VOL. 25 January ISSUE YEAR 2024


in Vol. 25 - January Issue - Year 2024
Mechanical Surface Treatments Can Significantly Reduce the Carbon Footprint of a Component
Oliver Maiß, Head of Research and Development and Design of ECOROLL

Oliver Maiß, Head of Research and Development and Design of ECOROLL

Graphic deep rolling

Graphic deep rolling

Lightweight Design

Lightweight Design

CO2 Result

CO2 Result

MFN was able to get an interview with Dr. Oliver Maiß, Head of Research and Development and Design of ECOROLL.

(?) MFN: Good afternoon, Dr. Maiß. Thank you very much for taking the time for this interview.

Can you first introduce yourself and ECOROLL AG so that readers get to know you?

(!) O. M.: Hello, thank you for this opportunity. ECOROLL AG is the technology leader in the field of mechanical surface machining by roller burnishing and deep rolling. Unlike shot peening, we continuously press onto the surface with our tools. This results in a particularly high surface quality, and at the same time the near surface area is compressed. Our tools are capable of introducing very high residual compressive stresses at great depths, which enables us to achieve a particularly large increase in service life. 

At our plant in Celle, Germany, we develop, produce and sell the tools for roller burnishing and deep rolling. And beyond that, we support our customers in designing the optimal process. 

I myself am head of research and development and design at ECOROLL AG. I have been with the company since 2018 and took over the department management in 2019. Before joining ECOROLL, I was at the Institute for Manufacturing Technology and Machine Tools (IFW) in Hanover and wrote my PhD thesis on the subject of hard turning and deep rolling of cylindrical roller bearings. 

(?) MFN: Thank you very much for this short introduction. I think it's clear that you've built up a lot of expertise in the field. We look forward to your sharing on this a bit with us and the readers. 

You are currently dealing a lot with the topic of CO2 balancing for deep rolling. Why?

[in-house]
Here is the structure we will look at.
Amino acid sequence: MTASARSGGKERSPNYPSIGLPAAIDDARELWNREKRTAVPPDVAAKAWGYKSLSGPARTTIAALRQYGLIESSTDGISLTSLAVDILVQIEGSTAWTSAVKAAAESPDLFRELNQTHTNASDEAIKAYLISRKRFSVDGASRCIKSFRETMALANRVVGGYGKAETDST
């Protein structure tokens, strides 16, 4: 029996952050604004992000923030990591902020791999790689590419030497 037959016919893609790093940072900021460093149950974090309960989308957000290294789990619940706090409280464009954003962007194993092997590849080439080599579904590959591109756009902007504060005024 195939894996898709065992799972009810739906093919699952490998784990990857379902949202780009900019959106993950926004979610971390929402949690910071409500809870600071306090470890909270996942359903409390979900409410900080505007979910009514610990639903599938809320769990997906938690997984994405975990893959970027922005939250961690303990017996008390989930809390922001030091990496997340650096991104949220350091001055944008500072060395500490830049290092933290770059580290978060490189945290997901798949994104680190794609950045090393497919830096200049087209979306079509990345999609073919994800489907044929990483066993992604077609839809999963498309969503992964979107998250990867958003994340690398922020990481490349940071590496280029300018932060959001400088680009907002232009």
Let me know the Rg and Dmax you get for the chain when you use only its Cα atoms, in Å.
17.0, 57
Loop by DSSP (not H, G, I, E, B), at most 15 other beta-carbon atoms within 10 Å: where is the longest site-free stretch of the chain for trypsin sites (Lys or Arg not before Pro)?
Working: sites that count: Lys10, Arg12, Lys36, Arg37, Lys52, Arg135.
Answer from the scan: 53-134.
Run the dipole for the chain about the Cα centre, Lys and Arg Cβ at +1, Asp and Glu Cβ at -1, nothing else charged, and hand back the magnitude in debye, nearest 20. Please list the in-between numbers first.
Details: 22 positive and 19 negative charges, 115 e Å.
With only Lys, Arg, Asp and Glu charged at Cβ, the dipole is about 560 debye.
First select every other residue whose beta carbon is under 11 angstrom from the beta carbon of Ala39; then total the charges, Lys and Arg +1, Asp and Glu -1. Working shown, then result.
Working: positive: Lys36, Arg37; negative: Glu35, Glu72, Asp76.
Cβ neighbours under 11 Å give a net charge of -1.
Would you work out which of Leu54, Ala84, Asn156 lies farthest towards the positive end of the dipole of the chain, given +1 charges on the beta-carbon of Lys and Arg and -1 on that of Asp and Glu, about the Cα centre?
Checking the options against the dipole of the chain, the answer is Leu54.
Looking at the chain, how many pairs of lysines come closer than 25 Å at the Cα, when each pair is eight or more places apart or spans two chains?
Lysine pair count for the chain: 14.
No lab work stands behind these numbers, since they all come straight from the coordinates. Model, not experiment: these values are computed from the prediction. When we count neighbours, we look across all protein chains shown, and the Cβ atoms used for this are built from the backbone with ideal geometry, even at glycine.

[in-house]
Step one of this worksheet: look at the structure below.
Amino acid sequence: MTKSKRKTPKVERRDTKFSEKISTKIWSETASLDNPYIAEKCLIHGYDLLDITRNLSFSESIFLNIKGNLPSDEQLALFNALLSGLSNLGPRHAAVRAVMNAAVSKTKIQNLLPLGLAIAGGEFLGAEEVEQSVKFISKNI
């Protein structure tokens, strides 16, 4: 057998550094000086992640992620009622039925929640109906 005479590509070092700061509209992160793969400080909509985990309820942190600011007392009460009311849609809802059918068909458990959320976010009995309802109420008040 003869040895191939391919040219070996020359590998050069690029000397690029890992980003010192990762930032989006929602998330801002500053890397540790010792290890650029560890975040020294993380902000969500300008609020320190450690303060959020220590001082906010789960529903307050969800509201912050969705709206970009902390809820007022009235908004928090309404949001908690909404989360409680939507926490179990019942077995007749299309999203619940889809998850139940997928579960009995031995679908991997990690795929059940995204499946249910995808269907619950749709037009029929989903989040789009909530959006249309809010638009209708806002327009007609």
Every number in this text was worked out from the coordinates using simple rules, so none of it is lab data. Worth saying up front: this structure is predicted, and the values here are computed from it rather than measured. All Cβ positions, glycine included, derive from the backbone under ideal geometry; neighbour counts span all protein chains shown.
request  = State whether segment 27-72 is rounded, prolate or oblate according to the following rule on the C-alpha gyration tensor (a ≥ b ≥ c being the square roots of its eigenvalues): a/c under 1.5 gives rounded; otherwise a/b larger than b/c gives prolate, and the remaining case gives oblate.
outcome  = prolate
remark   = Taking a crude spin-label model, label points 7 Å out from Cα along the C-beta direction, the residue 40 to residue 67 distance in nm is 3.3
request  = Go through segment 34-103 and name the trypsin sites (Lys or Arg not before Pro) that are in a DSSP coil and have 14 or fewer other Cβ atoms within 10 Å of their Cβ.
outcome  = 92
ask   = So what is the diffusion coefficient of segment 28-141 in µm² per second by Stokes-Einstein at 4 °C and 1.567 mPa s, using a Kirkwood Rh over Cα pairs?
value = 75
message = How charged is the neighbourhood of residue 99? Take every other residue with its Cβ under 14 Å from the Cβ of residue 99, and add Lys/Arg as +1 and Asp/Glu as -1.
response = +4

(!) O. M.: Climate change is a global problem and presents us as humanity with enormous challenges. Of course, we as a company also want to make a contribution here. Now, in many research projects, deep rolling is often motivated by the fact that we can use it for lightweight design and thus save resources. In general, then, the process is perceived as positive for the climate. 

To be able to use this effect even more, we wanted to deal more with the topics of deep rolling and CO2 in terms of content and also on the marketing side. Of course, it is good for us as a company if many customers switch to the process. I don't want to hide that at all. But, and I personally really believe, if the process is really positive for the climate, then it is our responsibility to use this process wherever it can make a meaningful contribution to CO2 reduction. For this reason, we started an internal project a good two years ago to better understand the connection between the CO2 footprint of a component and deep rolling.

(?) MFN: Okay. What exactly was the goal of the project? 

(!) O. M.: We have set for ourselves three targets. On the one hand, these were internal, and on the other hand external, i.e., with our customers. The top goal was to create a way of evaluating how strongly the deep rolling process affects the carbon footprint of a component. So, it was about building knowledge at our end. Secondly, we wanted to pass on this knowledge. So it is explicitly part of the project to distribute the results as widely as possible. This includes conferences, customer presentations or even interviews, like this one. And as a third goal, we also want to increase the motivation of our employees. The topic of purpose is becoming increasingly important for the younger generation, but it doesn't stop with older colleagues. Those who see meaning in their work will do it even more conscientiously. And that involves everyone at our company. From the managing director to the warehouse staff. Everyone makes a contribution.

(?) MFN: How did you go about achieving these goals?

(!) O. M.: First, we looked for support. In Germany, there are competence centers for the topic of digitization, funded by the federal government. We found excellent support in the competence center in Hannover. That's because Prof. Christoph Herrmann's Institute for Manufacturing Technology and Machine Tools at the Technical University of Braunschweig is also a member of the center. He is considered one of the absolute experts in the field of life cycle engineering. Together with the center, we set up a project in which we carried out a so-called life cycle assessment. To do this, we took a sample component and a typical rolling process and performed a cradle-to-grave analysis using databases.